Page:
Here are some of our favorite Golden Era matches worth a second look.
10 WWF Women’s Championship Match: Stephanie McMahon-Helmsley [c] (w/Kurt Angle & Triple H) vs. Lita (Raw is War)
Special Guest Referee: The Rock
August 22nd, 2000
This match is McMahon-Helmlsey Era and not necessarily Golden, but we defend its placement. While Trish and Lita’s RAW main event (which we’ll get to later) is more historic, it is if often erroneously thought of as being the first time the Women’s Championship match headlined RAW. In actuality, Lita has the honor, but she shares it not with Trish but with … Stephanie McMahon. The “billion-dollar princess” Stephanie McMahon-Helmsley miraculously defeated Texas tough Jacqueline for the title on the Smackdown before WrestleMania 2000 and spent an entire summer parading around the championship, while her husband Triple H lost, re-gained and re-lost his WWF Heavyweight Championship. While occasionally being forced into mixed tags by Commissioner Mick Foley, Stephanie only granted her #1 contender two title matches that summer, and both times the challenger was screwed over. Six days before SummerSlam, when her husband Triple H and her “good friend” Kurt Angle were set to challenge The Rock for the WWF Title, Mick Foley gave the WWF Champion referee duties on the night Stephanie was finally to give Lita her fair one-on-one shot. The match perfectly synchronized all three personalities involved in the upcoming Triple Threat match, set the tone for the fallen alliance of HHH and Kurt, and gave the fans what they had been clamoring for ever since Stephanie’s shocking heel turn nine months prior: The spoiled billion-dollar princess didn’t just lose her stolen title, but got the beating she deserved.
9 WWE Women’s Championship: Molly Holly [c] v. LITA (Survivor Series 2003)
November 16, 2003
Having missed the renaissance of the women’s division due to a neck injury, Lita had a lot of ground to make up when she returned to active duty in September of 2003, saving former rival Trish Stratus from the evil and dedicated duo of newcomer Gail Kim and Women’s Champion Molly Holly. Lita’s comeback was leading up to a perfect storybook ending; she and Trish defeated Molly and Gail at Unforgiven, and she won a Fatal Four Way match to earn her title shot at Survivor Series. But despite shockingly kicking out of a Molly Go Round, it wasn’t to be, as the crafty champion used an exposed turnbuckle to do away with her fiery challenger. After seeing Trish understandably dominate the division for a year and a half and Jazz twice leave the canvas due to injury, it was exciting for a fresh feud to be the center of the Women’s Championship picture.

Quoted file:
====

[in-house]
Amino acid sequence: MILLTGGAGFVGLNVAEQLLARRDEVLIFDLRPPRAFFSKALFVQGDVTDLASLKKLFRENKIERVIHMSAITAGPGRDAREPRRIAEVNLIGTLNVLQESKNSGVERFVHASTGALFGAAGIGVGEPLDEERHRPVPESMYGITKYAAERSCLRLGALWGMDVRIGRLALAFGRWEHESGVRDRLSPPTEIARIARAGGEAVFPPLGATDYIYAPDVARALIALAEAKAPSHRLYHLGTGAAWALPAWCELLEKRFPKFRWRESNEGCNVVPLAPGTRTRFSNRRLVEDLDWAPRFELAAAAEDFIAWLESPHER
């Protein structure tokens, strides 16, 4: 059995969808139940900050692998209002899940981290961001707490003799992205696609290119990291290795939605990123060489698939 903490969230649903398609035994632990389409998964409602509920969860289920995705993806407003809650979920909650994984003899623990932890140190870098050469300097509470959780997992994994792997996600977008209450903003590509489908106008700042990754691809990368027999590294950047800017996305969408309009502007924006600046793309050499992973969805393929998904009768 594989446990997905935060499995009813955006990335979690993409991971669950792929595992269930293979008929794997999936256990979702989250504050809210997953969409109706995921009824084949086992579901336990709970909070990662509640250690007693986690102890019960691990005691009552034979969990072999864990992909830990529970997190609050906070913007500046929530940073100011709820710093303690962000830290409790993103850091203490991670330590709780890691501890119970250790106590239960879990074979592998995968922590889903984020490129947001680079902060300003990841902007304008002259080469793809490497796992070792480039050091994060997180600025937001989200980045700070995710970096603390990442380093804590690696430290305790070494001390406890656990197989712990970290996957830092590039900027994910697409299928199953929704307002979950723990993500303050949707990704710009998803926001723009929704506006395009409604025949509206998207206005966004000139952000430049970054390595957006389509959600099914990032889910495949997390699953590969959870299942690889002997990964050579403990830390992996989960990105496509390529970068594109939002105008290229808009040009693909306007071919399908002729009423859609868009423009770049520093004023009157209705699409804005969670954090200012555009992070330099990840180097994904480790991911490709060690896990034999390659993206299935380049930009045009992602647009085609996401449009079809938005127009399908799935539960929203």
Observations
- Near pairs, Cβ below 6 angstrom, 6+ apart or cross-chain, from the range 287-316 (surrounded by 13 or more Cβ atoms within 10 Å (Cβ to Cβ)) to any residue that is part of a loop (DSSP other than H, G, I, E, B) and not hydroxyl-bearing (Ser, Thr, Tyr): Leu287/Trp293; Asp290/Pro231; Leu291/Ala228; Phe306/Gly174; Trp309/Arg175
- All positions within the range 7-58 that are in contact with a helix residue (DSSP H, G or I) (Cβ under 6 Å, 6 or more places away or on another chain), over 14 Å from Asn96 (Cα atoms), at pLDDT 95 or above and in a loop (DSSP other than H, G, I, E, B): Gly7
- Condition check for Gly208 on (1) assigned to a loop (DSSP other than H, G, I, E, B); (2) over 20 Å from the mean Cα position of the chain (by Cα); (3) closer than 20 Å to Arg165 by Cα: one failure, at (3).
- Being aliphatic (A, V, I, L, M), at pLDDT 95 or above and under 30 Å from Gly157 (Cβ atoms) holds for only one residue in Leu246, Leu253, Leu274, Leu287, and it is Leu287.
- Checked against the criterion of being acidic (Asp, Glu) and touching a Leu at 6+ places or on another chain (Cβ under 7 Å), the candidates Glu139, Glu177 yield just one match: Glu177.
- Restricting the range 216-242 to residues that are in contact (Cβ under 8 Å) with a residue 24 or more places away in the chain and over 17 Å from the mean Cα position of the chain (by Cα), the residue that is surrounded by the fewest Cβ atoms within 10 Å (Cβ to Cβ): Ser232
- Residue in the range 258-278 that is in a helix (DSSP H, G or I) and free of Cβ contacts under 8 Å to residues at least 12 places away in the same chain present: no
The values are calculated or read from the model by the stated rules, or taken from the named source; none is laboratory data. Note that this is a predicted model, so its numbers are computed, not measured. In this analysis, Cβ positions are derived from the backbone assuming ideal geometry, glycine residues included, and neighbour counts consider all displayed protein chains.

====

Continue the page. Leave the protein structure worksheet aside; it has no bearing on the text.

8 Steel Cage Match: Lita v. Victoria (Raw is War)
November 24, 2003
Salt Lake City, Utah
Just eight days after losing at Survivor Series, Lita finds herself on our list again. Short story long: The day after Survivor Series, Matt Hardy appeared to be ready to propose to Lita on an episode of the Highlight Reel before being interrupted by Molly Holly, who complained of not getting enough attention despite being the champion. The Highlight Reel host, Chris Jericho, was apparently granted match-making authority and suggested that Lita and her reunited lover team up against Molly and a male partner of her choice. Molly, whose “virgin” angle was thankfully dropped but still had no storylines with male wrestlers, chose Raw GM Eric Bischoff. Does this make sense yet? It’s about to make even less sense! Eric Bischoff decided to wield his power and allow Lita a title shot if she won — but if she lost, she was FIRED!! Matt and Lita had a mushy pep talk backstage. And now this is going to go even further of the rails!